In the South and south-west, the Sinai Peninsula which geographically is an extension of the Negev and has a deep historical and religious connection to the Jewish People, should have been included in Palestine's borders, based on the historical formula. As noted in the Bible, King Solomon's kingdom extended to Nahal Mitzrayim which, according to Biblical scholars, covered either half of Sinai or all of it, depending on the exact location of this river, which is still uncertain today. In any case, what is certain is that Sinai was never historically and geographically a part of Egypt. When Moses crossed the Sea of Reeds, he thereby left Egypt on his 40-year trek to the Promised Land. Britain administered the Sinai Peninsula ever since 1906, when the British seized it from the Turkish Sultan in order to protect the Suez Canal from a possible Turkish invasion. Just prior to 1906, the area of central Sinai formed part of the Independent Sanjak of Jerusalem. For purposes of administrative convenience, Britain appended all of Sinai to Egypt which had never claimed it for itself until the 1940's when it appeared that a Jewish State would be established and might possibly also claim it. In point of fact, Egypt inherited the entire Sinai as a legacy of British imperialism. Egyptian sovereignty over Sinai was recognized by Israel in the peace treaty with Egypt concluded on March 26, 1979. Prior to 1979, Egypt was never legally the sovereign of Sinai (contrary to what is explicit
(Article One of the Peace Treaty between Israel and Egypt states that upon its ratification, "Egypt will resume the exercise of its full sovereignty over the Sinai". The word "resume" indicates that, prior to Israel's conquest of Sinai in the Six-Day War of June 1967, Egypt had already enjoyed recognized sovereignty over all of Sinai - when this was actually not the case under international law. Sinai had never been under the sovereignty of modern-day Egypt until the concluding of the 1979 Peace Treaty.) in the Peace Treaty), but merely its administrator - a significant different status under international law. The cession of Sinai by Israel to Egypt was, in my opinion, illegal because Sinai was part of the historical land of Israel, and not a part of historical Egypt.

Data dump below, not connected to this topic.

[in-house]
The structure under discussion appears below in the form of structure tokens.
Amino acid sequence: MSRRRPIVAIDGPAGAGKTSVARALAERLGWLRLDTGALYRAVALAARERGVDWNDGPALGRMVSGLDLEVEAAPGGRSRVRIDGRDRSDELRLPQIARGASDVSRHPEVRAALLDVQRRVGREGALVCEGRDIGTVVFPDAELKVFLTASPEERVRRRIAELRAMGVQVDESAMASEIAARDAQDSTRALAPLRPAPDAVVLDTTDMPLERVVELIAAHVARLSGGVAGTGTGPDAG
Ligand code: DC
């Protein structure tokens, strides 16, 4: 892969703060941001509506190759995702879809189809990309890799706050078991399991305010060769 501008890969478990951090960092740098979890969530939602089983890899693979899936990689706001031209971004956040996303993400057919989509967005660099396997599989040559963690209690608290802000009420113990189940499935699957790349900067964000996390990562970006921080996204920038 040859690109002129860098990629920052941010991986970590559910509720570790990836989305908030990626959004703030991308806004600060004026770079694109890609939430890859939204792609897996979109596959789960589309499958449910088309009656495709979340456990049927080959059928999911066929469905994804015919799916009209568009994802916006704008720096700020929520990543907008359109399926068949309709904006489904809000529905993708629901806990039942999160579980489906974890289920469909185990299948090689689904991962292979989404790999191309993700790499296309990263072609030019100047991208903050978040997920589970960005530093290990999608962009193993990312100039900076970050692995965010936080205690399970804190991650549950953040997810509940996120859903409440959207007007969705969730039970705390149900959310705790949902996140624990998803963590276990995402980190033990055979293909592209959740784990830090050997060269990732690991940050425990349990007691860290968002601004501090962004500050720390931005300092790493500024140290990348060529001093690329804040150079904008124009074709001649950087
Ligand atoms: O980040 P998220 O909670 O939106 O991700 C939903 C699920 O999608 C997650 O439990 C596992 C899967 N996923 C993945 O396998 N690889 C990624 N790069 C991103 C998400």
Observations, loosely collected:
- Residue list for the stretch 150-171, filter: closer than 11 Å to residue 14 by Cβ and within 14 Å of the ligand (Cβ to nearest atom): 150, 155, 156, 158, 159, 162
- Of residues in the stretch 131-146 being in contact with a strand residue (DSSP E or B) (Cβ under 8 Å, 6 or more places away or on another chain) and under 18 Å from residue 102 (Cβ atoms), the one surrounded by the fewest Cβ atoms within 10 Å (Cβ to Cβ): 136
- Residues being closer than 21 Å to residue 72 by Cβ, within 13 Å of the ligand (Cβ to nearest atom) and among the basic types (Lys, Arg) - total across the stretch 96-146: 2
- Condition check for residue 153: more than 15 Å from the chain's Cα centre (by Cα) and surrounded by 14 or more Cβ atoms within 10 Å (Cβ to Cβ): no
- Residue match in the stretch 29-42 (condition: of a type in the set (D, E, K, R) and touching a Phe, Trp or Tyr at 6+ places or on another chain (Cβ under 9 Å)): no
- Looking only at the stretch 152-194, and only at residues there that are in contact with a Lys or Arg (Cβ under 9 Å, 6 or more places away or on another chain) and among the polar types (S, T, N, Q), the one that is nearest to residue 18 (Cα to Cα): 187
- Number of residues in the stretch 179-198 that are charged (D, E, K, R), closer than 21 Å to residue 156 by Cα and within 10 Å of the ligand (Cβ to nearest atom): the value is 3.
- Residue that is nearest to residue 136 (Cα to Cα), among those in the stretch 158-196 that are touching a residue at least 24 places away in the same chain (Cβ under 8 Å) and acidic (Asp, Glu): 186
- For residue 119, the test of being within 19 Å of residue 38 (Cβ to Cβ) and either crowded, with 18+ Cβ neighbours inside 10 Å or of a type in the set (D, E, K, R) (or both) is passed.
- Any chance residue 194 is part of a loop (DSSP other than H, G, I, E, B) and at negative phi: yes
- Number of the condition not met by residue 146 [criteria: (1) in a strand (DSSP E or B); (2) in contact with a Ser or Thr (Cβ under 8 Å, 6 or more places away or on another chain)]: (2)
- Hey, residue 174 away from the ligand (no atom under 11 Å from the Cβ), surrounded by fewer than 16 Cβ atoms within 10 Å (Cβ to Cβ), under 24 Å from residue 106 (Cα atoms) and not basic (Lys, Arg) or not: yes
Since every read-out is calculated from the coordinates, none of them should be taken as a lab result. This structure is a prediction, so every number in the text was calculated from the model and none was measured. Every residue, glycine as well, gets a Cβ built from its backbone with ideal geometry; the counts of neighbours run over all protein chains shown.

One last thought about Israel's cession of the Sinai in the 1979 treaty with Egypt: had it not taken place, there would have been no disengagement or withdrawal from Gaza in 2005 where about 8,500 Jews were evicted from 21 flourishing Israeli communities with the loss of their homes, farms and livelihoods. And Sinai would not have become a terrorist's and smuggler's paradise, as it is today. Finally, there would have been no war in Gaza in December 2008-January 2009 to stop ceaseless rocket attacks from Hamas terrorists - for which Israel has just been wrongly condemned by the mendacious Goldstone Report for committing alleged war crimes and possible crimes against humanity, based largely on fabricated, dishonest Arab accounts.

It is interesting to remember that the Zionist proposal for Palestine's future borders presented to the Paris Peace Conference in February 1919, which included in it all of the historical regions of Palestine, except for Sinai, elicited the praise of Emir Faisal, the leading spokesman for the Arab cause, as being "moderate and proper". No cry of extremism here.